It’s this protection that made our government unique in the world. In fact, it’s still very much the standard by which all others are judged, and is still a shining example of just how strong our Constitution remains. Much of its strength is not only in the original document, but also in its amendments. Of particular interest was the bill of rights, the first ten amendments.

Of course, the first and second amendments get the most press in most situations. However, it’s the 14th amendment that eventually led pivotal Supreme Court decisions like Brown v. Board of Education (which ended segregation in schools) and Roe v. Wade (which legalized abortions). Before we discuss this amendment further, it’s a good idea to point out the section which has all of the sudden become “controversial:”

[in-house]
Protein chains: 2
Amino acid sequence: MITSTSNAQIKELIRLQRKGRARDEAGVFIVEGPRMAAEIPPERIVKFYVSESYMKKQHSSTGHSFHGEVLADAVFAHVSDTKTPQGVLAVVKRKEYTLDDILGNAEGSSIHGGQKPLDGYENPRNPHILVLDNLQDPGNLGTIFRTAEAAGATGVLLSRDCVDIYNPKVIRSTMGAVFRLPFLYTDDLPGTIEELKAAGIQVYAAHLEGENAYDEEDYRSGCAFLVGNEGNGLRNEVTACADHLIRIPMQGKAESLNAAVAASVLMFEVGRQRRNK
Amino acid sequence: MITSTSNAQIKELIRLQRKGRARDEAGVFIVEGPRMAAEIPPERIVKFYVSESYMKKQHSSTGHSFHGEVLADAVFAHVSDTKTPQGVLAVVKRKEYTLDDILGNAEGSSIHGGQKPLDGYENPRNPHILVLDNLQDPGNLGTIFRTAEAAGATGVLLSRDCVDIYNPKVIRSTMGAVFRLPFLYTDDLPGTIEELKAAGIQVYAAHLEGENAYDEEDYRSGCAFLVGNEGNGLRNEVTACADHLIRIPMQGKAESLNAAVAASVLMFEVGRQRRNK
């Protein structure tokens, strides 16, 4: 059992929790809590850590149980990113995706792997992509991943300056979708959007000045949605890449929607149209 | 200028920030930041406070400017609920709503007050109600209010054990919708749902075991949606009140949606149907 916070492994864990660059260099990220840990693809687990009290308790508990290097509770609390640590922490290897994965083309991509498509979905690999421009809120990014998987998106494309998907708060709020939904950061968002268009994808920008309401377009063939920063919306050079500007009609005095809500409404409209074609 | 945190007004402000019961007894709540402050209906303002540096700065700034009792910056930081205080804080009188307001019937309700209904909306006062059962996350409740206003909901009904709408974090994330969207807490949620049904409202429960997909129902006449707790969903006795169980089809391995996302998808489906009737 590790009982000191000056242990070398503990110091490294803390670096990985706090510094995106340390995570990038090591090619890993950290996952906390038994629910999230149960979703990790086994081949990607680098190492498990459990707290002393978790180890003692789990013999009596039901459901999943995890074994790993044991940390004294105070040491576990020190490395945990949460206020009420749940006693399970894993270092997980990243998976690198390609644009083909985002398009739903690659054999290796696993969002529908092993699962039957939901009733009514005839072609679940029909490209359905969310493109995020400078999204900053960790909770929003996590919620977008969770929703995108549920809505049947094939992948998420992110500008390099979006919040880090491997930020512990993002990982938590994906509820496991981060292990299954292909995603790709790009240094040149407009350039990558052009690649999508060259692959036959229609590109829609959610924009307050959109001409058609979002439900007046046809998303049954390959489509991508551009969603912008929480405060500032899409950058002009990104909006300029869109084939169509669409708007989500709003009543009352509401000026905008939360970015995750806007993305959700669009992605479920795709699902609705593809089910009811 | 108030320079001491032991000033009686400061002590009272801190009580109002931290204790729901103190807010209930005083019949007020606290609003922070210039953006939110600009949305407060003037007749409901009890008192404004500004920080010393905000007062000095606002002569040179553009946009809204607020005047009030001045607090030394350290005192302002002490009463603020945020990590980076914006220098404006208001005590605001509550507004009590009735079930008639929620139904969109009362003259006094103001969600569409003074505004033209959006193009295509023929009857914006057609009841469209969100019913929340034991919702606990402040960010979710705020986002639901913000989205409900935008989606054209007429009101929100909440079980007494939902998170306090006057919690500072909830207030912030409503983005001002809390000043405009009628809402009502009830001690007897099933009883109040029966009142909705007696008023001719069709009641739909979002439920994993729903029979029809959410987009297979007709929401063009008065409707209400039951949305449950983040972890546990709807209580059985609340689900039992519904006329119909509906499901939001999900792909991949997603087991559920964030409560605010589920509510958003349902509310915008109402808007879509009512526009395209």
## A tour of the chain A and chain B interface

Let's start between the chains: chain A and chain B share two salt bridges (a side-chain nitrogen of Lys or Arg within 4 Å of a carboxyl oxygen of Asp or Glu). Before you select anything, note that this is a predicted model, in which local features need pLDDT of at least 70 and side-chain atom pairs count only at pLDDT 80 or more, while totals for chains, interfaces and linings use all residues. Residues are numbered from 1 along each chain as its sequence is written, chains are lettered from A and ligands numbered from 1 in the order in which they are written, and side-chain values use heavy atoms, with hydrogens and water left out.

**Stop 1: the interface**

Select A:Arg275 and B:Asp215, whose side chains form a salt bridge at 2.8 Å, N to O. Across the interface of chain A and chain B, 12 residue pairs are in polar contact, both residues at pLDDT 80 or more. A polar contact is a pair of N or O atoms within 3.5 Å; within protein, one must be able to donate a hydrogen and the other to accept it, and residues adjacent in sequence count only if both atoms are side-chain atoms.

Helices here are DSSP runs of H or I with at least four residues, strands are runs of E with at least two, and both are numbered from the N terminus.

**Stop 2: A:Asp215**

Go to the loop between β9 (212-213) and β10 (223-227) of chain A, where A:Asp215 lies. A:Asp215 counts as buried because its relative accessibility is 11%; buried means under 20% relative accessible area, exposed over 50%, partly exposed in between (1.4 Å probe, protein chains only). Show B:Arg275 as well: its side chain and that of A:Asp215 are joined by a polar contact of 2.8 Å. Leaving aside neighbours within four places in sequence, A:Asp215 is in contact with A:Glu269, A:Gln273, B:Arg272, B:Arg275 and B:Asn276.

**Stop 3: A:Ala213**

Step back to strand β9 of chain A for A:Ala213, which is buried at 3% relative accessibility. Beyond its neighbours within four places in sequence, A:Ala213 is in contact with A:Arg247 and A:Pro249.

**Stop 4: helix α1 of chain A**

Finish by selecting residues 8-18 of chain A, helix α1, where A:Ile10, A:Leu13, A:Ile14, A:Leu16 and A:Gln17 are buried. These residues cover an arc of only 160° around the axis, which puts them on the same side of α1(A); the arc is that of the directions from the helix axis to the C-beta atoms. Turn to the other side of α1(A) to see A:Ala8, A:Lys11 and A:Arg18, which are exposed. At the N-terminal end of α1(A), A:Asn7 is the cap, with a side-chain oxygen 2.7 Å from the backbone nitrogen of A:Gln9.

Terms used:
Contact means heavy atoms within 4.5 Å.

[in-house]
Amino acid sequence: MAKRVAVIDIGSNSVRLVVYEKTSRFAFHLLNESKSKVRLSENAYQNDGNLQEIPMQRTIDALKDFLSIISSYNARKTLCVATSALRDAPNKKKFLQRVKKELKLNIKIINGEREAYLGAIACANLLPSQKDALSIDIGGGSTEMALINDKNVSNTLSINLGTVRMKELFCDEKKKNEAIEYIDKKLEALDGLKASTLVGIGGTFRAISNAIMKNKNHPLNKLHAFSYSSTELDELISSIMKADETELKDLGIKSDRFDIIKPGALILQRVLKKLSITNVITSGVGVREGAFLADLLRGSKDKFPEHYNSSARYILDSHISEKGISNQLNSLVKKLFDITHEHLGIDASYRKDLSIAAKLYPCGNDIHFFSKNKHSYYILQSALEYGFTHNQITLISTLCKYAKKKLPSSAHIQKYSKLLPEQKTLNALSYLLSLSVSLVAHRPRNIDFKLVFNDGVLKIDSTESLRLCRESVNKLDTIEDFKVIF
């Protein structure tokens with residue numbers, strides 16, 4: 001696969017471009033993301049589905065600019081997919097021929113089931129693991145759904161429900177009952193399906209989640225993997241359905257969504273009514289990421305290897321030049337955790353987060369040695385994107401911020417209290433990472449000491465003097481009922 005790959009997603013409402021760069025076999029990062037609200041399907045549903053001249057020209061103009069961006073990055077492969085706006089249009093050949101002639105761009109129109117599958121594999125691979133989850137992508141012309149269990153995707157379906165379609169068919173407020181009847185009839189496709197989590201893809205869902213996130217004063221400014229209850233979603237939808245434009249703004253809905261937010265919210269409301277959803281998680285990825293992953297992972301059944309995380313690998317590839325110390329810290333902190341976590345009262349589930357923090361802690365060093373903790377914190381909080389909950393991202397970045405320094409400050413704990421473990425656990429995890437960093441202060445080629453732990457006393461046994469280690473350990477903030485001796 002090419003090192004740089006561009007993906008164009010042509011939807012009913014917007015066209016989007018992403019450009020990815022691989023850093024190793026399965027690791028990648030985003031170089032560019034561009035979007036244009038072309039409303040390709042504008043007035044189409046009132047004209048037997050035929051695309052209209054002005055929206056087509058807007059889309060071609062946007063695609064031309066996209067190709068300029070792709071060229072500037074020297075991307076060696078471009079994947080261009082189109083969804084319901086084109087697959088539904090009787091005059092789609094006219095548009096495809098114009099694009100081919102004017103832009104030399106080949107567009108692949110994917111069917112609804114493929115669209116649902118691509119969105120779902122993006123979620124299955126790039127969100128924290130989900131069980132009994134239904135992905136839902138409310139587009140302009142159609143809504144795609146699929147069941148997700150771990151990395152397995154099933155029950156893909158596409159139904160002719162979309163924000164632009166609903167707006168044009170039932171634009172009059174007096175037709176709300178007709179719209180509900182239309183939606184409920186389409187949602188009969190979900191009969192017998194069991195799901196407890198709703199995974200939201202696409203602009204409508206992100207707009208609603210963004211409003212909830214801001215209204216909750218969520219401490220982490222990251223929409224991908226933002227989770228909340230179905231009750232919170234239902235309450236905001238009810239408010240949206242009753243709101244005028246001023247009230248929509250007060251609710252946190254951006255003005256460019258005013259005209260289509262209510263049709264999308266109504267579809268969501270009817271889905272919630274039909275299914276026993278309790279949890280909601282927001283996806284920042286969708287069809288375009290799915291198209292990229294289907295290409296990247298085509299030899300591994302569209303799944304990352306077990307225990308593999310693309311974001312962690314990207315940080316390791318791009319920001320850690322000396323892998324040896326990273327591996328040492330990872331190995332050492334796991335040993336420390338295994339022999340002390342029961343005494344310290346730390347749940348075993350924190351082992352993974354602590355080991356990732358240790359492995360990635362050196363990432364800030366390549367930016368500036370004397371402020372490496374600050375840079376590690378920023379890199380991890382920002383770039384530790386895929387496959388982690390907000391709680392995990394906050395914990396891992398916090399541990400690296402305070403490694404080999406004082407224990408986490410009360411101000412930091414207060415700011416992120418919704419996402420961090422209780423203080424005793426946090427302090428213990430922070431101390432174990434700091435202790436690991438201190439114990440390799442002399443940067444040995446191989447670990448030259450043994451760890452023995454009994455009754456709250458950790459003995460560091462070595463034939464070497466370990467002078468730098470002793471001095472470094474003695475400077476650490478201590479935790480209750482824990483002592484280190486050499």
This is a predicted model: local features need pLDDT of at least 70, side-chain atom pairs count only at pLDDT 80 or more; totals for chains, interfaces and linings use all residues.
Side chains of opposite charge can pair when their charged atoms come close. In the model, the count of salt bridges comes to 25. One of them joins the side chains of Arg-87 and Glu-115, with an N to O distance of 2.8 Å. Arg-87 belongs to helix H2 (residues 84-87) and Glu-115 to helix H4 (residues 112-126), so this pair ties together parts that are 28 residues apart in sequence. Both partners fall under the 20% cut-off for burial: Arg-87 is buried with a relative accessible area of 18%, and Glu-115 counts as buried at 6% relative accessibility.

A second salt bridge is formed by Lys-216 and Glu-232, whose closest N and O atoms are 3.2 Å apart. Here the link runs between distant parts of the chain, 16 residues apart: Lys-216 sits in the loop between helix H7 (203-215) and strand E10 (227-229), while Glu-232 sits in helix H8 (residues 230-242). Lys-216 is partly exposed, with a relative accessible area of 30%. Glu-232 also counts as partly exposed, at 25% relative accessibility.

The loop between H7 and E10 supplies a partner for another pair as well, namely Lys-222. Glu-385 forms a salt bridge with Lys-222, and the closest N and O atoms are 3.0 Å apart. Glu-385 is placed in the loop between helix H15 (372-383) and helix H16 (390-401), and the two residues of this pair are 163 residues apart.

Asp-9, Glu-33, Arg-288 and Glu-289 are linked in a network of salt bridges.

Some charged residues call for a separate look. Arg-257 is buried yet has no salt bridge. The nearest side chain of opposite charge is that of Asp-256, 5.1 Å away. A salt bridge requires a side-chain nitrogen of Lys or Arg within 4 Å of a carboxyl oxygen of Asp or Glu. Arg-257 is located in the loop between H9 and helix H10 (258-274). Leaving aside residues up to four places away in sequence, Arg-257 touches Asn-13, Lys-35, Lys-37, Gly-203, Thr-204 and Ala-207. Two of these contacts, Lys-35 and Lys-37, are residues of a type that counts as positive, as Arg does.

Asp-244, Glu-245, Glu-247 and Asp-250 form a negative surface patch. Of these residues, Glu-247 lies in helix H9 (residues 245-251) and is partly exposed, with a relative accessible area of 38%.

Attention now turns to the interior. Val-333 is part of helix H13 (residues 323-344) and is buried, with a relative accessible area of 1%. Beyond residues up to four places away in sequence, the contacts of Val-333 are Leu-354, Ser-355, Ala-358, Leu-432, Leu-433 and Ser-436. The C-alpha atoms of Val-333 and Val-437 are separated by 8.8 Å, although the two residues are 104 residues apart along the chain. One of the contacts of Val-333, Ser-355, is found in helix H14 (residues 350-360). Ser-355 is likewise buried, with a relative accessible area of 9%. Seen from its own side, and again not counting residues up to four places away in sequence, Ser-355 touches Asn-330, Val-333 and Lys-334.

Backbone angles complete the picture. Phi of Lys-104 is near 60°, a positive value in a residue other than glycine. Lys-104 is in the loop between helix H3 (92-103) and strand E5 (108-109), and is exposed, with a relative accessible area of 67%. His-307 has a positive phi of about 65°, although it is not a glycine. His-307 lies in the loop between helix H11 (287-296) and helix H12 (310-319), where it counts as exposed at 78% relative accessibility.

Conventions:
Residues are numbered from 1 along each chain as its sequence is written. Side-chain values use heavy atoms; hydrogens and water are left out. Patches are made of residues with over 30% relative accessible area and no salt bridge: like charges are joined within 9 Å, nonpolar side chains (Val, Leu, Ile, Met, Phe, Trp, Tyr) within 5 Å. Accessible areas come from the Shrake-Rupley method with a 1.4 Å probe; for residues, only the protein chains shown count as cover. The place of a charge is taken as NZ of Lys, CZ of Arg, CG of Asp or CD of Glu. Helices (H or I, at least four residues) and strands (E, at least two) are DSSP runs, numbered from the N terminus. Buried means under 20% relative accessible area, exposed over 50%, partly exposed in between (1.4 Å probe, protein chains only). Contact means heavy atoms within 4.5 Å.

All persons born or naturalized in the United States, and subject to the jurisdiction thereof, are citizens of the United States and of the State wherein they reside. No State shall make or enforce any law which shall abridge the privileges or immunities of citizens of the United States; nor shall any State deprive any person of life, liberty, or property, without due process of law; nor deny to any person within its jurisdiction the equal protection of the laws.